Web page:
Greek language all around the Eastern Mediterranean
created a demand for pure hellēnismós, as the phrase
was. The time was ripe for the grammarians.

One of the outcomes of the search for a standard
was the struggle between anomalists and analogists.
The analogists stressed the regularity of language. They
tried to reduce its apparent chaos to order by estab-
lishing analogies: paradigms and schemas for the de-
clension of words. The anomalists insisted that lan-
guage was not determined by rules, but by custom.
While naturally not denying that analogies could be
established, they maintained that the assignment of
words to different declension classes or conjugations
was largely haphazard.

When faced with textual obscurities and difficulties,
the analogists tended to emend the text by analogy
with more common forms. The anomalists were more
prone to accept the text as it stood. In their attitude
to the standard language analogists took a normative
stand, while anomalists would bow to custom and good
usage. Analogists were authoritarian (Caesar published
a pamphlet on the analogist side); anomalists were, if
not democrats, at least liberal conservatives. The de-
bate continued for several centuries. Out of it classical
grammar developed. The only way for the analogists
to prove their case was to show that it was indeed
possible to reduce the apparent chaos of language to
some sort of order. And all the time the anomalists
compelled their adversaries to improve their descrip-
tions by pointing to cases which did not fit the rules.
In this way it was the language as such, not the philo-
sophical uses of it, that occupied the center of the

The work of the Greek grammarians, of whom
Aristarchus of Alexandria (fl. ca. 160 B.C.) was the most
famous, has come down to us in two versions, the
grammars of Dionysius Thrax (fl. ca. 100 B.C.) and of
Apollonius Dyscolus (fl. ca. A.D. 180). The former is
a brief compendium of some twenty pages, which
contains little more than definitions and explanations
of the chief grammatical terms. The latter, which uses
essentially the same terminology, is considerably longer
and has a large separate section on syntax, which is
entirely absent in Dionysius' book.

Dionysius defines grammar as having to do with
pronunciation, explanation of textual difficulties and
stylistic features, etymology, and, as he puts it, “the
discovery of analogies.” His approach is entirely philo-
logical and literary. This is a reflection of the fact that
grammar had arisen out of the study of the old texts,
and especially Homer. The wider, philosophical ques-
tions of the nature of language and the relation be-


tween language and thought were not touched upon
at all by Dionysius.

Dionysius' “discovery of analogies,” i.e., his mor-
phology, introduces practically the whole of the con-
ceptual apparatus of what was later to become tradi-
tional grammar. Like Aristotle, Dionysius recognizes
two main parts of speech, noun and verb. His definition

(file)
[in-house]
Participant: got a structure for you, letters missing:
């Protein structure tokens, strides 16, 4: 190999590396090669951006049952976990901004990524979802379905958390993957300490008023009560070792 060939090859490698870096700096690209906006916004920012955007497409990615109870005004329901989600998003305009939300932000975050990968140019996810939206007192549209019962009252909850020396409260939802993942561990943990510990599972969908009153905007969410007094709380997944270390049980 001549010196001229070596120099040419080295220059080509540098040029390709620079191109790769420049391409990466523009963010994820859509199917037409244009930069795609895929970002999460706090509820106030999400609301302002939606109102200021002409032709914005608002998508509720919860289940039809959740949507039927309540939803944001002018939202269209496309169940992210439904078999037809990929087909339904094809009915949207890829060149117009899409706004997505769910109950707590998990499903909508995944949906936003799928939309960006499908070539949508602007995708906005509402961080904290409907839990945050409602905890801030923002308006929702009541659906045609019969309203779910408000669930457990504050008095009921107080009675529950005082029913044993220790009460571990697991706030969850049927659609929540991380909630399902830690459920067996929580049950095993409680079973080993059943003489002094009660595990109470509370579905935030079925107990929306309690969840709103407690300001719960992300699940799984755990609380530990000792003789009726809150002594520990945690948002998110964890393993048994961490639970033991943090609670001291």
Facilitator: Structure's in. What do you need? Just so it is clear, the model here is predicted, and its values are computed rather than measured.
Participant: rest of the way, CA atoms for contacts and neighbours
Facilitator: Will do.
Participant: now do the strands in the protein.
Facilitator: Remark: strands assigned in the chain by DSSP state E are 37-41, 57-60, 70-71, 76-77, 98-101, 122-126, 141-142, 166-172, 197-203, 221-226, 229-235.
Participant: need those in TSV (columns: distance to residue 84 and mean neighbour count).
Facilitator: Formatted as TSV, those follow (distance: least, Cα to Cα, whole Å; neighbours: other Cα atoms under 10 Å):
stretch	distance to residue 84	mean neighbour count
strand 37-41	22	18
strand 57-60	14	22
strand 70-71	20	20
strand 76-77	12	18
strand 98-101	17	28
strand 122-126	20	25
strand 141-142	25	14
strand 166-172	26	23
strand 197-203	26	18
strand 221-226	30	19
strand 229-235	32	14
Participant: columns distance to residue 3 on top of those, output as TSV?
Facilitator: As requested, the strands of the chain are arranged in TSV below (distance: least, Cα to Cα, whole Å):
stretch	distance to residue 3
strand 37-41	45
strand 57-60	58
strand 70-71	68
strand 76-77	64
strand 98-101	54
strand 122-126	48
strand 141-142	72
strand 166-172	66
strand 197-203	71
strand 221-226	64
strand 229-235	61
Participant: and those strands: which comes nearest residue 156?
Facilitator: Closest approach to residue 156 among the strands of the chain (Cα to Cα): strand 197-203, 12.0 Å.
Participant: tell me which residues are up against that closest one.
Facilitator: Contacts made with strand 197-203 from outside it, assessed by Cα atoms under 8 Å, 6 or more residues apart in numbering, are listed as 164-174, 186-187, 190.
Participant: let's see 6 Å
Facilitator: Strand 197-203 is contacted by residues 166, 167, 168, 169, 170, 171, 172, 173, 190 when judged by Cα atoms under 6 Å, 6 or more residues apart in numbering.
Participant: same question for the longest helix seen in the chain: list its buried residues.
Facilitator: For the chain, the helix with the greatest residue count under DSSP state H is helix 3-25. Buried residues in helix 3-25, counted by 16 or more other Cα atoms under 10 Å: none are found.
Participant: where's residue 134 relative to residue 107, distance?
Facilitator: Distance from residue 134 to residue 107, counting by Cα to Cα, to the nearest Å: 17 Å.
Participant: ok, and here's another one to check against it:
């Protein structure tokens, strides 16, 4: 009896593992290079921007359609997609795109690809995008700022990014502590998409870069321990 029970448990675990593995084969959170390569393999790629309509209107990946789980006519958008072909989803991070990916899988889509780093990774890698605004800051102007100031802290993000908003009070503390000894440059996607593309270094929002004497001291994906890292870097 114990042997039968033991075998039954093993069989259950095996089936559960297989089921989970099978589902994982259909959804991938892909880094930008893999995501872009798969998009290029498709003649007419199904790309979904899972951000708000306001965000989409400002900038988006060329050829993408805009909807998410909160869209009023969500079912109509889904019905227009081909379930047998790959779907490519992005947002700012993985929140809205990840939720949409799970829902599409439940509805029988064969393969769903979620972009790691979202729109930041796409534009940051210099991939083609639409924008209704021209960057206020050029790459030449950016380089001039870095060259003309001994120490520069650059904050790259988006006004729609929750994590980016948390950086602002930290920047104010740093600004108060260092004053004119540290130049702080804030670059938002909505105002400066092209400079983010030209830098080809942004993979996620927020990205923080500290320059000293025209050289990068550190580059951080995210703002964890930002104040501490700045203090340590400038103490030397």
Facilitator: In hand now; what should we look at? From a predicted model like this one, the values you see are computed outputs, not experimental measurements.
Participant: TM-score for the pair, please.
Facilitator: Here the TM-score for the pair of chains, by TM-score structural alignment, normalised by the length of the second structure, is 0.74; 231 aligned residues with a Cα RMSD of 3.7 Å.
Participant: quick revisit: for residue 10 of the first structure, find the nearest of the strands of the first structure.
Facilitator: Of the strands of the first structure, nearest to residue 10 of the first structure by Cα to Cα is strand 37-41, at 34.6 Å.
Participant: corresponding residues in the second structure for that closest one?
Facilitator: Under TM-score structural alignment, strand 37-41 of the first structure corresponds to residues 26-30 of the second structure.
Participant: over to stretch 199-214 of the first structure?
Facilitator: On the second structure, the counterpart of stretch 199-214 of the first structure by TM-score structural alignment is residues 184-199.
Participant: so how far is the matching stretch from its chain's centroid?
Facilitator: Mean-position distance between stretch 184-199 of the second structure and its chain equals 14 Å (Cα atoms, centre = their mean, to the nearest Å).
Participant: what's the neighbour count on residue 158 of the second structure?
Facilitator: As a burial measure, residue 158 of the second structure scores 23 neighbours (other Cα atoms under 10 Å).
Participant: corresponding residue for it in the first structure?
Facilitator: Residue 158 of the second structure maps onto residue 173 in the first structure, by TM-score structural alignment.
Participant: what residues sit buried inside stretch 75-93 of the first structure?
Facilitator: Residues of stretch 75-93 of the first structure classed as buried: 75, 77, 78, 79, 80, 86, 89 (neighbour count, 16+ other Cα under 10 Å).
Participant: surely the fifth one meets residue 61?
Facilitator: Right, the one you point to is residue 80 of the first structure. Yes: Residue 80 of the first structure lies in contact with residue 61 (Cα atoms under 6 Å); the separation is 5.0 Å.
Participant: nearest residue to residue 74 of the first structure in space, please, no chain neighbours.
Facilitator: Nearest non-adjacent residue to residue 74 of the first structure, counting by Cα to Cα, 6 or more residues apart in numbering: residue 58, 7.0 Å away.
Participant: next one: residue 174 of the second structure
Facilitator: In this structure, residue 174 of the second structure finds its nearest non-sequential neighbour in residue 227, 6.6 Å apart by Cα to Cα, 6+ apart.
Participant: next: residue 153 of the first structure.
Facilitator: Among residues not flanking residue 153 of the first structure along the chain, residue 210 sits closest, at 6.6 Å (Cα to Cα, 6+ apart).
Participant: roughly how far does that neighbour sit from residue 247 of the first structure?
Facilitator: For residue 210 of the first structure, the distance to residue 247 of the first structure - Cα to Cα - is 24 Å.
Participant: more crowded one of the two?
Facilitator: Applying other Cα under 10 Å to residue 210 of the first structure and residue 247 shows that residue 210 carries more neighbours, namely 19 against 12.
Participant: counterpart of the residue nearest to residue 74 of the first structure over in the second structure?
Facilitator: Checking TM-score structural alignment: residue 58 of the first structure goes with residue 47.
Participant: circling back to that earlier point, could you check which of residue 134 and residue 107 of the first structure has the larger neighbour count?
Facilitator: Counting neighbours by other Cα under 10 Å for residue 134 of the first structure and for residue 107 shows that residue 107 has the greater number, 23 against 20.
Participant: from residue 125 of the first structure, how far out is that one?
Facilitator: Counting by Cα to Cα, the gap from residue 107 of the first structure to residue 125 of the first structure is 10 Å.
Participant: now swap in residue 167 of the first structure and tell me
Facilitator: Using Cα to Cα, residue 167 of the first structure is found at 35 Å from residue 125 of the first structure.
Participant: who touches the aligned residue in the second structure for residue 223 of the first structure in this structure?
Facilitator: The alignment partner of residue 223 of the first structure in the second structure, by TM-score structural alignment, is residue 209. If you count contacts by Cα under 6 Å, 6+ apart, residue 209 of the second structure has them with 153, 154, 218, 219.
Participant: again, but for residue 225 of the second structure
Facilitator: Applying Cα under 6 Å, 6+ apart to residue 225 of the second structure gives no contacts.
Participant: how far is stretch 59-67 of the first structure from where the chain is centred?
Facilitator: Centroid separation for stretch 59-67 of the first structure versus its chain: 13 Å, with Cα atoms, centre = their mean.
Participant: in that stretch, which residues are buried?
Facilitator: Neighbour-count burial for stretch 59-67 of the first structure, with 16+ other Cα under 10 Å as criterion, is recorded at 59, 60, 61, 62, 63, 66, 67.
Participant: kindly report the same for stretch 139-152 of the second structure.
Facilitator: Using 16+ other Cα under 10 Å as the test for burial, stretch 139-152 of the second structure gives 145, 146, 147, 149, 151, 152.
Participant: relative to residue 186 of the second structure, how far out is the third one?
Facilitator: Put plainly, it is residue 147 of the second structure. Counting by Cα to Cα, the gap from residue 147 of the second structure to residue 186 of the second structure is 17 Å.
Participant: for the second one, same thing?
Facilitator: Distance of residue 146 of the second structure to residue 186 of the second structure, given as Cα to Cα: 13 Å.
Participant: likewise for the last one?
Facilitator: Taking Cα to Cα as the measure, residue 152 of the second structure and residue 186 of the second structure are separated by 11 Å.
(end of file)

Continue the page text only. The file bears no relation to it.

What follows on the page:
of them vaguely recalls Aristotle's, but it is more
formal. He definitely seeks to define a word as a mem-
ber of a class, not as a constituent of a sentence. The
noun is defined formally as having case inflection,
semantically as signifying “a person or thing.” The
different cases are enumerated and named. This is one
of the great achievements of the Greek grammarians
(and philosophers), since it requires quite a high degree
of linguistic abstraction, in view of the fact that the
declension morphemes in Greek and Latin express not
only case but also number and gender. They also differ
from one declension to another, and—especially in
Greek—undergo extensive changes in different envi-
ronments. As the classical grammarians never recog-
nized any smaller semantic unit than the word—they
never spoke about morphemes or suffixes, only about
word endings—their task was made all the more diffi-
cult. All through antiquity the noun class included the
adjectives. The adjective was not even recognized as
one of the major subdivisions of the noun class.
Dionysius' major subdivision is a formal one: original
words (like earth, white) as against derived ones (like
earthly, whiteness). The failure to separate the adjec-
tive class was obviously due to the ancient grammari-
ans' weakness in the field of syntax.

The verb is defined by Dionysius as being devoid
of case, but having tense, mood, person, number, and
“kind” (active or passive). This is the system of tradi-
tional grammar almost full-fledged. Where Dionysius
was weak, no improvement was to be made until mod-
ern times. That concerns above all the tense system,
which he mixed up with the aspect system.

The other word classes recognized by Dionysius are:
metochē (participle; thus called because it had both
case and tense inflection, and thus participated in both
the noun and the verb class), árthron (article; a case-
forming part preceding a noun), antōnymía (pronoun;
used in place of a noun), próthesis (preposition; could
occur before all parts of speech—prefixes like ad- in
adapt were considered as prepositions), epírrhēma (ad-
verb; says something about a verb), and súndesmos